means has been often exerted with as bave allured any promising youths the most pernicious effect." The into the society. The preceptors must author of this pamphlet says, “ The not chastise nor keep in subjection vast influence wbich the Order of young men of good genius, agreeable Jesuits acquired, by all these difpersons, and noble families, like their ferent means, was constantly exother pupils : they must be won by pre- erted with the most pernicious efsents, and the indulgence of liberties fect.” The last proposition cannot peculiar to their age; but on other oc. casions, especially in exhortations, they perhaps be predicated of any instimust be terrified with threats of eternal tution, and certainly not of one to punishment, unless they obey the hea- which Europe stands indebted for venly invitation of joining the society.- much classical knowledge, and for If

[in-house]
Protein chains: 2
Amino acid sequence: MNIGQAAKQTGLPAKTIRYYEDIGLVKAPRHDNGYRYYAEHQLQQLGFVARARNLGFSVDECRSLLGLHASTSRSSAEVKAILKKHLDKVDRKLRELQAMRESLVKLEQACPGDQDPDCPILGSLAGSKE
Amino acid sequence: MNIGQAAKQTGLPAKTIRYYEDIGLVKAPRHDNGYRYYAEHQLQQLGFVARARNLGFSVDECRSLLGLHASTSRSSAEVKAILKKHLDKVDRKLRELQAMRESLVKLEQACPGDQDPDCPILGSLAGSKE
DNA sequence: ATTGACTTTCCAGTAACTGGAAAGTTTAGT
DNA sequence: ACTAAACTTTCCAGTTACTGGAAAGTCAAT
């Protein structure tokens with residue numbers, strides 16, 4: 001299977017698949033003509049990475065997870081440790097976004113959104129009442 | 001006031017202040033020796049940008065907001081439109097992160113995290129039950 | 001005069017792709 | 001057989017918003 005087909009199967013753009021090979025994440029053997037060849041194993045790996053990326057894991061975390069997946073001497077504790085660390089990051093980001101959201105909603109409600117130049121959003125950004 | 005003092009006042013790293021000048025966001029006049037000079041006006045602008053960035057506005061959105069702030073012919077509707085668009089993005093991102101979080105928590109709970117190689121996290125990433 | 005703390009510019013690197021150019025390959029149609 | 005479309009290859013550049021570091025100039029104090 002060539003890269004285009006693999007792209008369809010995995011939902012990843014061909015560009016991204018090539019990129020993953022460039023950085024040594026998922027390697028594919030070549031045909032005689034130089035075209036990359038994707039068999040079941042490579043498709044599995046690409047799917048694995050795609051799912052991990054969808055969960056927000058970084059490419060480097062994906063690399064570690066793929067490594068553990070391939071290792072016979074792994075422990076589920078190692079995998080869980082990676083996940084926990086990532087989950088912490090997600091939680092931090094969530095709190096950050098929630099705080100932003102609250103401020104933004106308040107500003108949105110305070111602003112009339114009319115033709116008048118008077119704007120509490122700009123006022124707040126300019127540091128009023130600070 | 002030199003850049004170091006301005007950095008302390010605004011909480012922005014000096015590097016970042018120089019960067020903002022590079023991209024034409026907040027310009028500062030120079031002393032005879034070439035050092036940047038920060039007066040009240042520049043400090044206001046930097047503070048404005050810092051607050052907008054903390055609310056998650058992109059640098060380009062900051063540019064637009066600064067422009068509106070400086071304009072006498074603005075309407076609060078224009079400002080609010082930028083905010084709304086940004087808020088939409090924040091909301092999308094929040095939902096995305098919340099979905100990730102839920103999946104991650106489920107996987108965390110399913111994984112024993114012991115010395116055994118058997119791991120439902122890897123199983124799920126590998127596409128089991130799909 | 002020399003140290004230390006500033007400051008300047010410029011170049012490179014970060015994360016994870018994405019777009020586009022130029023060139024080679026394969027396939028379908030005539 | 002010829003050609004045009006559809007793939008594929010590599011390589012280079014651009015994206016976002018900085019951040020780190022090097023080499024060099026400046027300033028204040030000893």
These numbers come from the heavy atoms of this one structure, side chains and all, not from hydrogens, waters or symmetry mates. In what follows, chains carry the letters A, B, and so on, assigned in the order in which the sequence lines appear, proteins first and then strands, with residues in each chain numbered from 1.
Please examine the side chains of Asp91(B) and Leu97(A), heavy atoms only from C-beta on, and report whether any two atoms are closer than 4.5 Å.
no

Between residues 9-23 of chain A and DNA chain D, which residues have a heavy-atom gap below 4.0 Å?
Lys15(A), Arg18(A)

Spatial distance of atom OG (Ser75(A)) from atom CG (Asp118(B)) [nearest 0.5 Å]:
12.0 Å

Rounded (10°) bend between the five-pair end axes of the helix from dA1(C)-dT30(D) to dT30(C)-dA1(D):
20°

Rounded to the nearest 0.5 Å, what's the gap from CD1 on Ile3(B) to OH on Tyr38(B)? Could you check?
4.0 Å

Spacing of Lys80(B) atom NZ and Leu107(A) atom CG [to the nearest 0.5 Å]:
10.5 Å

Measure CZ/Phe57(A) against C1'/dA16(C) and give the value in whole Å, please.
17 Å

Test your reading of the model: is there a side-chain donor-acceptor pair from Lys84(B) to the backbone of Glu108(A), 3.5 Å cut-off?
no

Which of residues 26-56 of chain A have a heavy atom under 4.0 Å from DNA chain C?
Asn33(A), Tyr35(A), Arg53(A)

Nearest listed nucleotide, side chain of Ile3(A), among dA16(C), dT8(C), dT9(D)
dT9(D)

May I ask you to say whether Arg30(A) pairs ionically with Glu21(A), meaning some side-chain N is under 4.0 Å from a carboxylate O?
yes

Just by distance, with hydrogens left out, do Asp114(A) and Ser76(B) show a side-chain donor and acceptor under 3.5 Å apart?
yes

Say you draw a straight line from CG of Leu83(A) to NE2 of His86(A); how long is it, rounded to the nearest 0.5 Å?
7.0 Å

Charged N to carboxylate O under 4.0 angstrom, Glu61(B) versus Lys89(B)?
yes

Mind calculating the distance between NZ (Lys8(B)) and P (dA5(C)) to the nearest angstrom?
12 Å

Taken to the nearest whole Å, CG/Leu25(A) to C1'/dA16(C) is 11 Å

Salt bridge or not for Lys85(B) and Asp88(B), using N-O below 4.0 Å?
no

any member expects a bishoprick or the edition of Newton that is taught other dignity, he must take an additional in our Universities ; which
conveys vow always to think and speak honour- ed a partial civilization into a vast ably of the society; never to have a confessor who is not a Jesuit; nor de- made known to large portions of
province of America, and which termine any affair of moment without first consulting the society. The society the East, it is true, a debased Chriswill contribute much to its own advan- tianity, but still a religion infinitely tage by fomenting and heightening (but superior, in its comforts and morals, with caution and secresy) the animosi- to the blood-stained doctrines and ties that arise among princes and great licentious ceremonial of idolatry, men, in order that they may weaken There is, however, no question but each other."